Butopia: Pacific NW Center for Embodiment Arts in NatureSee more events in this venue
DescriptionEvening Talk: Friday Oct 17 ~ 7-9 pm @ Unity Church So what’s this all about?
This Friday Evening Talk steps back for a bird’s eye view of our culture in order to make out why we act as we do with ourselves and each other, and with the world around us. What concerns me isn’t just the persistent damage we do to the ecosystem and other species, or the horrors of war, or the systematic violence inflicted on women; I’m also interested in why we deliberately create realms for ourselves – in malls and skyscrapers and on city streets – that are harsh, cold, ugly and inhospitable. We learn why we seed strife into every corner of our lives, our relationships, and into our own bodies, and how we can restore wholeness.Experiential Workshop: Sat + Sun Oct 18-19, 2014 ~ 10 am - 5 pm
“What can we gain by sailing to the moon if we are not able to cross the abyss that separates us from ourselves?” Thomas Merton
We are taught from childhood that mind and body are separate. This lesson is not merely inaccurate – it has created a way of being that is disconnected, anxious and off-balance. Our primary challenge is to recover the harmony of our being. Philip has gained an international reputation as a teacher whose original techniques enable people to reunite their conscious thinking with the deep-dwelling intelligence of the body, and to do so in a way that grounds us in the present, and gently opens a door to the experience of wholeness. In the process, he provides tools to last a lifetime.
Class size limited to 16.
Philip Shepherd is approved by the National Certification Board of Therapeutic Massage and Bodywork (NCBTMB) as a continuing education Approved Provider. His provider number is 282. This workshop provides 12 CEUs.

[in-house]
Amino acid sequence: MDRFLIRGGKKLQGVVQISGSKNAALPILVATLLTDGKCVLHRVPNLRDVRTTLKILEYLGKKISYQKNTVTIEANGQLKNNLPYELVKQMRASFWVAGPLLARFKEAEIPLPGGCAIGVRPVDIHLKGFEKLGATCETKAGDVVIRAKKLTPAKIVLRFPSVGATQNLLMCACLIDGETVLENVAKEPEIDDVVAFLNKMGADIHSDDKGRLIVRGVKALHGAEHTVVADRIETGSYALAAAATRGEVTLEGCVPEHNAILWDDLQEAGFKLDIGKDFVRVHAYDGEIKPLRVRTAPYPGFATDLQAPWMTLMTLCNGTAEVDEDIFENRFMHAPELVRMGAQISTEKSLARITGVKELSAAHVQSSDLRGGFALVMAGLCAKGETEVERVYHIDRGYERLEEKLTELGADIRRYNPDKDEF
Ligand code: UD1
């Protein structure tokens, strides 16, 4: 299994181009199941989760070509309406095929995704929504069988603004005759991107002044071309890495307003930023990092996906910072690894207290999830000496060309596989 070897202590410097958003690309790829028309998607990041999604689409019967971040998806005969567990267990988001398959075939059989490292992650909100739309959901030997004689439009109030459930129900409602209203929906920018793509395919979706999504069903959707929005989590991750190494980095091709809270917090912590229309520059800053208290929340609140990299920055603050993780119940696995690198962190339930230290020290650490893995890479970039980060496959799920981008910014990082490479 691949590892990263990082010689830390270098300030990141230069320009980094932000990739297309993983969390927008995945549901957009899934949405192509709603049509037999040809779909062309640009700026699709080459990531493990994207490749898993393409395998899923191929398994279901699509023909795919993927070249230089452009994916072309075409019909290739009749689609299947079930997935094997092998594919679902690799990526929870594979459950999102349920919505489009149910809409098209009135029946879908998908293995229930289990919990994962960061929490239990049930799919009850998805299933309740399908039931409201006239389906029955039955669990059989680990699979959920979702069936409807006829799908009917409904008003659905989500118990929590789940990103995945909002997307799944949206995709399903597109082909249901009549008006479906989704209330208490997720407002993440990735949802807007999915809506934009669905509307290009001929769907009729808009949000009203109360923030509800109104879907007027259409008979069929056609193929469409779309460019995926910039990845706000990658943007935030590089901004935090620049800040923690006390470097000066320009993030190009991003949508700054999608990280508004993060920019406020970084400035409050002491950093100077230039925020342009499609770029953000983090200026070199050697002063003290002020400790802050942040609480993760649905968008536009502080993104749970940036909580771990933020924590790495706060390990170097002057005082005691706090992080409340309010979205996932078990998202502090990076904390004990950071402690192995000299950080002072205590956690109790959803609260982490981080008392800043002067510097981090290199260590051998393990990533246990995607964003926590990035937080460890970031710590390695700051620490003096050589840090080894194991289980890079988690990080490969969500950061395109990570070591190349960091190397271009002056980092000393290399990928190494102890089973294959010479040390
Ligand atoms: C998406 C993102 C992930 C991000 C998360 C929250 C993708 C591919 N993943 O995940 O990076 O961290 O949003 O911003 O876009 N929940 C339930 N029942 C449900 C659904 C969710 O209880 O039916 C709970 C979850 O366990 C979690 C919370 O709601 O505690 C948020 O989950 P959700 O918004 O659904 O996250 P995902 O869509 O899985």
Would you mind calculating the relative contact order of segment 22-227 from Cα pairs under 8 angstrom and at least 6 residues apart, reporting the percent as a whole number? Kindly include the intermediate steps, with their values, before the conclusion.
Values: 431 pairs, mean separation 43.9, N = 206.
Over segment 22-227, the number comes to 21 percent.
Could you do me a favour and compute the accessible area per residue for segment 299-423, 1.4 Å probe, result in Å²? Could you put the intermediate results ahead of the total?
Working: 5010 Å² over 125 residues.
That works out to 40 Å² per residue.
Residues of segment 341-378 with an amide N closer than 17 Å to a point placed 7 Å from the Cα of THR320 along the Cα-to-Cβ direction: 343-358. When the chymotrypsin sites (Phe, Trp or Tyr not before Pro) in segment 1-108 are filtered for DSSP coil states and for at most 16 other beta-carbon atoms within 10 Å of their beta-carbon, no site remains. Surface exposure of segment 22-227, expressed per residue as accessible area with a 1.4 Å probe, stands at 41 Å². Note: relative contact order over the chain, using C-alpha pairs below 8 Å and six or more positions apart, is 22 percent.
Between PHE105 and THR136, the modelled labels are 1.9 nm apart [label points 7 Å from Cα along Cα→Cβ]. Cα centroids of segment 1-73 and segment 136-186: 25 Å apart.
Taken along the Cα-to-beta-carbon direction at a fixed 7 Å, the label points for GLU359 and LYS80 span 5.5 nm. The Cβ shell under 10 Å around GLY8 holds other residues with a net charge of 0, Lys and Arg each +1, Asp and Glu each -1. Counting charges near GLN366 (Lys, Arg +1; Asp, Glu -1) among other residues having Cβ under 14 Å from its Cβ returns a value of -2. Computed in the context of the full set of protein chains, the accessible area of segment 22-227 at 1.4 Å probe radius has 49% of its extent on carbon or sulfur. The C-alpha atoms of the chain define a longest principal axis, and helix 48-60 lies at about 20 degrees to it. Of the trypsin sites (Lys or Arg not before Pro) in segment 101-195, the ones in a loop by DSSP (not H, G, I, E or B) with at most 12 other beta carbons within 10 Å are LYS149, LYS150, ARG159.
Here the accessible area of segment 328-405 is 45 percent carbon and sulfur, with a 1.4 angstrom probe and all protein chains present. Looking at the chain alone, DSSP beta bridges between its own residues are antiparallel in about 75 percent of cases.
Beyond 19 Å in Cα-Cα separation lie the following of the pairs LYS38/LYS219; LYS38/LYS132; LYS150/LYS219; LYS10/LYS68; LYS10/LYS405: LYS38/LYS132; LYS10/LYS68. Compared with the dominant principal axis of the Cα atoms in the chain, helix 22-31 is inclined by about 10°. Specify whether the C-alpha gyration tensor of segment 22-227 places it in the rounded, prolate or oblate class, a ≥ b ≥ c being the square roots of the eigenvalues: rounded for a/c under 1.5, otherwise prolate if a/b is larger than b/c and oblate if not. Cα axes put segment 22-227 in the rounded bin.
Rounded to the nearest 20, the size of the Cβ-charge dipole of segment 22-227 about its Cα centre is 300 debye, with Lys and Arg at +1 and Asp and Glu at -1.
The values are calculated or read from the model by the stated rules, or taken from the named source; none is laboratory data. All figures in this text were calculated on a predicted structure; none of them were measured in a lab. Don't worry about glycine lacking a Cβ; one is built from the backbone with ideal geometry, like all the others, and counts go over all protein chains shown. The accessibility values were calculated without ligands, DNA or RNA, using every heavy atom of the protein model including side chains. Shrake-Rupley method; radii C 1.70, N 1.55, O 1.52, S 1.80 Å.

Location + Logistics
Whidbey Island (details upon registration)
There will be a one-hour lunch break.
What to prepare
Some of the exercises require that you know a short text by heart. Rest assured, this is not something you will ever be asked to perform – it’s just needed for some of the exercises. You can use one you are familiar with, or find a new one. It can be anything at all – a nursery rhyme, a song lyric, a Shakespearean monologue, the national anthem, a poem, anything. It really doesn't matter, although it does help if it’s something you enjoy. It can get pretty tedious saying, “Row, row, row your boat” over and over. Just saying... Whatever you choose to memorize, it should be at least 45 seconds long, though any length in excess of that is fine. Having it WELL memorized is important.
What to bring
Apart from lunch and maybe a snack and a water bottle, you might wish to bring something to lie on for exercises (a yoga mat or even just a towel) and clothes that are comfortable to move in. You might also wish to bring a notebook.